really be bought, but should be able to be found somewhere

clay:  one bucket.  It would be cool if we got it from a field or
something.  It doesn't even have to be pure, geologically accurate
clay.  It just needs to be clay-ish.

sand:  once we have the buckets, getting the sand should be easy.

perlite or vermiculite:  they used to sell this by the huge sack that
was, I think, three cubic feet.  Three cubic feet would be good, but
.... where is a good source to get a lot of it really cheap?

1x4 or 2x4.  12 eight foot sticks.  Or 2x4 or 2x6 would work too.

fuel wood:  dry branches or regular dry firewood.  I'll need a
barrel load so that I can burn the paint off the barrel.  And then
another half barrel load so that we can test the RMH.


Did I leave anything out?

paul wheaton
steward

Joined: Apr 01, 2005
Posts: 14164
Location: missoula, montana (zone 4)
    ∞
I built it. 

It sucks.

I think it might be too much pipe with too many turns. 

I bypassed most of the pipe and it worked much better, but the combustion didn't seem as rockety as I remember.  And the exhaust seemed rather smoky.

tel jetson
steward

Joined: May 17, 2007
Posts: 2973
Location: woodland, washington
    
  49
any plans to fiddle with it, maybe find out for sure what's fouling it up?

either way, I'm glad you gave it a shot.


find religion! church
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get stung! beehives
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Ernie Wisner
volunteer

Joined: Oct 16, 2009
Posts: 788
Location: Tonasket washington
    
  23
so put up some darn Pics and lets see if we can fix it. I have some suspicions but i want to see it before i make any noises.
Max Kennedy


Joined: Feb 16, 2010
Posts: 453
Location: Kirkland Lake, Ontario, Canada
I like the idea and have been thinking of the same portability concept.  My thoughts were more along the line of modularity.  Break a regular bench into sections, all about the same size, about as wide as a fridge.  This is not a random size, appliance carts for handling fridges are standard and getting one up and down stairs not too difficult.  The parts that stick up would also separate.  Seals between the sections would be high temperature gaskets, and the sections might be clamped together using threaded rod and pressure distribution plates on the end.  More complicated to build the 1st time than Paul's but retains the massive thermal battery properties of the original and comes apart/goes back together faster.  Once moved to a semi-permanent site the joints could be filled with clay slip and the butt warmer approach the aesthetics of the monolithic original.  The design would have a minimum of 4 or possibly 5 standard parts.  These would be a lower fire chamber section an upper fire drum section, 1 or more standard bench sections and an bench end piece.  Optionally you could also design a corner module so the bench could take the form of a corner couch.  I've been considering this because I would like one now but will be moving, I hope, soon to a property where we can develop a permaculture style B&B/pet boarding business with sides of beekeeping, green building, wild foods etc.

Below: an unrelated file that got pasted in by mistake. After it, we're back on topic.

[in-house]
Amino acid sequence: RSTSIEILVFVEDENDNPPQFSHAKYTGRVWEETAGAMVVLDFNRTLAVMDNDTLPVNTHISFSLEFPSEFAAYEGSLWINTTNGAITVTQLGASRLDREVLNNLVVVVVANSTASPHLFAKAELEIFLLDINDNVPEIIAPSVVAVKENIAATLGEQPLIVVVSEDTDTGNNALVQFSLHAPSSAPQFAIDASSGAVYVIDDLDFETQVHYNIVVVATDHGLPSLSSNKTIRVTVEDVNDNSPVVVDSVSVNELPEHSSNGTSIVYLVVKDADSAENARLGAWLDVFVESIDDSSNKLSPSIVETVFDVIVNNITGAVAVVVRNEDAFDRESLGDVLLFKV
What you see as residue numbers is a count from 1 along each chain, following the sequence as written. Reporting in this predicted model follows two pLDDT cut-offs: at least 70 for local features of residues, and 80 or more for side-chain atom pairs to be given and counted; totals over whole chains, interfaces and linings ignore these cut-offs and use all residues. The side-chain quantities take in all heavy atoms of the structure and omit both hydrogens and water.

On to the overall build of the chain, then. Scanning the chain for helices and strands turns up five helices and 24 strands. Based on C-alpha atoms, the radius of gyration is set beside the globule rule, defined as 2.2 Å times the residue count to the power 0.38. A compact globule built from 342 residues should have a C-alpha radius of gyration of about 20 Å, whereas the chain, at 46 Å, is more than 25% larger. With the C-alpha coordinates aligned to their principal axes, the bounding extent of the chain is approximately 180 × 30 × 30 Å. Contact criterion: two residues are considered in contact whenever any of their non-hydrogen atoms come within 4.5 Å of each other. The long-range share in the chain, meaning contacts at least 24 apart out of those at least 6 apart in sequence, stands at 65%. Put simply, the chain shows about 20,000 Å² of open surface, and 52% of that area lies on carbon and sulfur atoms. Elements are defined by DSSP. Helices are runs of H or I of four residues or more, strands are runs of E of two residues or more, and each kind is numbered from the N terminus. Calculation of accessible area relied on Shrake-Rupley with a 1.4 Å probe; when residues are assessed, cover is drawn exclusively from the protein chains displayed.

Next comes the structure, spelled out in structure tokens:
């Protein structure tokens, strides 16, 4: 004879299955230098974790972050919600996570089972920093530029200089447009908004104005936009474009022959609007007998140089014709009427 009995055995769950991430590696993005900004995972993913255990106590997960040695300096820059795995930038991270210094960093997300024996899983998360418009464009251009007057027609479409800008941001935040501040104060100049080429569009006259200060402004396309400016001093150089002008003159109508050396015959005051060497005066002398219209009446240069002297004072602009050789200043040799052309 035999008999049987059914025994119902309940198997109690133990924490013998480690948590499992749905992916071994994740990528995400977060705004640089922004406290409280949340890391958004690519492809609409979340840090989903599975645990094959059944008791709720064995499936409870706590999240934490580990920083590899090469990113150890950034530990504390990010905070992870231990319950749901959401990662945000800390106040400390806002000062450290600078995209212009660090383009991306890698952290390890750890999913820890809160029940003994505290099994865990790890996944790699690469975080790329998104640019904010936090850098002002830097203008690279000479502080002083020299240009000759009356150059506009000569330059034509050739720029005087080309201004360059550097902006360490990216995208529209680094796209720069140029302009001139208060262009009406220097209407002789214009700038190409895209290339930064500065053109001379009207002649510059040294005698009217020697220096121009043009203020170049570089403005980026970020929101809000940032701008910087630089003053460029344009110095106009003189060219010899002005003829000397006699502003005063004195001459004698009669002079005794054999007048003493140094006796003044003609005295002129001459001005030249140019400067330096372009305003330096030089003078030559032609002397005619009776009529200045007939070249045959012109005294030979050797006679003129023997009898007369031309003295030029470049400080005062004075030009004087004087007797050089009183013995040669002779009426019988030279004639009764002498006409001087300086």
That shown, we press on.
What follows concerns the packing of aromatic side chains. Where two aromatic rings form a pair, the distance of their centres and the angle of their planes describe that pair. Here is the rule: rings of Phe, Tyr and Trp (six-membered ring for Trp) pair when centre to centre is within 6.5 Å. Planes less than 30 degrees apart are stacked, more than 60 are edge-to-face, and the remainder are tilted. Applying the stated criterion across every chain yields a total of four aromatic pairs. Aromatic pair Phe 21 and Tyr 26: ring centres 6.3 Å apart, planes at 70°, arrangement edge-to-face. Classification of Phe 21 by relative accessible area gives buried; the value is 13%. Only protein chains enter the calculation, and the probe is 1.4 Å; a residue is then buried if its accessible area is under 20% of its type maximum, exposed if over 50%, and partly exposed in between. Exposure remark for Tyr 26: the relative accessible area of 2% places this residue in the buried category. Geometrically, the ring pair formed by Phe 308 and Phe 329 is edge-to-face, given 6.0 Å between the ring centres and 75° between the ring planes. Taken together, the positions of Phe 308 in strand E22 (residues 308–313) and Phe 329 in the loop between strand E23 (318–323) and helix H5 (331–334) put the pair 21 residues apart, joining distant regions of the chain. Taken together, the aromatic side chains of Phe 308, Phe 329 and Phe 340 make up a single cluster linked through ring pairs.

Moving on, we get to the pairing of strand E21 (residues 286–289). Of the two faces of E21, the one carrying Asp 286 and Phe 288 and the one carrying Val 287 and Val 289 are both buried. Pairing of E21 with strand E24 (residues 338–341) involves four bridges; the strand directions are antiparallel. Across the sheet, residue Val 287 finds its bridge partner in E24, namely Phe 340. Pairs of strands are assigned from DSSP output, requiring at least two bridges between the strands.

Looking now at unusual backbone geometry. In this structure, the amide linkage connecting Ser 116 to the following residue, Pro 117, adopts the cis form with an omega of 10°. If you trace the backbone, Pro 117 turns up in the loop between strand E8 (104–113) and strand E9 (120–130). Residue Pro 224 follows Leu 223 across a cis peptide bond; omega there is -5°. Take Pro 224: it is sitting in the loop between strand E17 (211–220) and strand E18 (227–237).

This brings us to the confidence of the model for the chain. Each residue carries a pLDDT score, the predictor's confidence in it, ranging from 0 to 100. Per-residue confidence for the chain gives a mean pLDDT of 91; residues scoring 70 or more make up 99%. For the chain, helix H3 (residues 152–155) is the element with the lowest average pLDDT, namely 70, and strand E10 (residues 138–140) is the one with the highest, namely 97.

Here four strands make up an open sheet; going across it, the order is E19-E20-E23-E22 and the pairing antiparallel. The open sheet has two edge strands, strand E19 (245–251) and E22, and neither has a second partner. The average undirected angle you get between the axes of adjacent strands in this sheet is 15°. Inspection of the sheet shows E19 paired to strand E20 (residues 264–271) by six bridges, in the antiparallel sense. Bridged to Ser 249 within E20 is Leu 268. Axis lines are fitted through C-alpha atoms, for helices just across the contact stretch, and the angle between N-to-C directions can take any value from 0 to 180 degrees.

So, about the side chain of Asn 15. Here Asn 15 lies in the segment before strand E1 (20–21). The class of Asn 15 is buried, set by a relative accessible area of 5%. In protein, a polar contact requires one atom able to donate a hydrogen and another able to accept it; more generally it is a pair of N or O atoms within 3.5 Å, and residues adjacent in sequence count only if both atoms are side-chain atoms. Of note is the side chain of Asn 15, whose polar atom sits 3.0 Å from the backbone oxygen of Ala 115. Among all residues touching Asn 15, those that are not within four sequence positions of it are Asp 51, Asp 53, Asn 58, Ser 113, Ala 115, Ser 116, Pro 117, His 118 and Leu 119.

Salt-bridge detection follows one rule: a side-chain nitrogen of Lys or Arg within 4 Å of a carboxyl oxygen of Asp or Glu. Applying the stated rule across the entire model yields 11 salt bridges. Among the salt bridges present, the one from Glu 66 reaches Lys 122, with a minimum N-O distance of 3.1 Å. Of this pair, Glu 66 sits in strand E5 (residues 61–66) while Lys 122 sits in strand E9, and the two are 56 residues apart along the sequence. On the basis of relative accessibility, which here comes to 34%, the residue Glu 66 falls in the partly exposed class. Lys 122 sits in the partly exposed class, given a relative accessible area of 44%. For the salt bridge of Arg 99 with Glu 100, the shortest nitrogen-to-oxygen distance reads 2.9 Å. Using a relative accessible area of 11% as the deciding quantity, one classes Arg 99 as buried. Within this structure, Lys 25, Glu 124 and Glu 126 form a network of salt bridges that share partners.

It can be done!
paul wheaton
steward

Joined: Apr 01, 2005
Posts: 14164
Location: missoula, montana (zone 4)
    ∞
I took lots and lots of video.  Not much in the way of pics.  But I should be able to take a pic today. 

Afterward I felt mighty sore all over.  It wasn't until the next day I knew why:  I was getting sick.  I'm still sick .... but how stressing can it be to take a pic?  I'll try.

I have one idea of what might be causing it.  .... maybe I'll draw a picture ....


[Thumbnail for burn_tunnel.gif]

paul wheaton
steward

Joined: Apr 01, 2005
Posts: 14164
Location: missoula, montana (zone 4)
    ∞
So .... a six inch duct has a cross of (pi*r*r) -> (pi*9):  28.26 square inches

I think the burn tunnel is 7.1 inches high and 4.1 inches wide.

The intersection between the two is .... less.  Maybe 20% less.    I suppose that could be problematic, but I didn't think it would be this problematic.





Ernie Wisner
volunteer

Joined: Oct 16, 2009
Posts: 788
Location: Tonasket washington
    
  23
Critical dimensions are in a word "Critical" Cross sectional area cannot be reduced by 20%. the air volume is to low and the laminar flow coefficient is too high.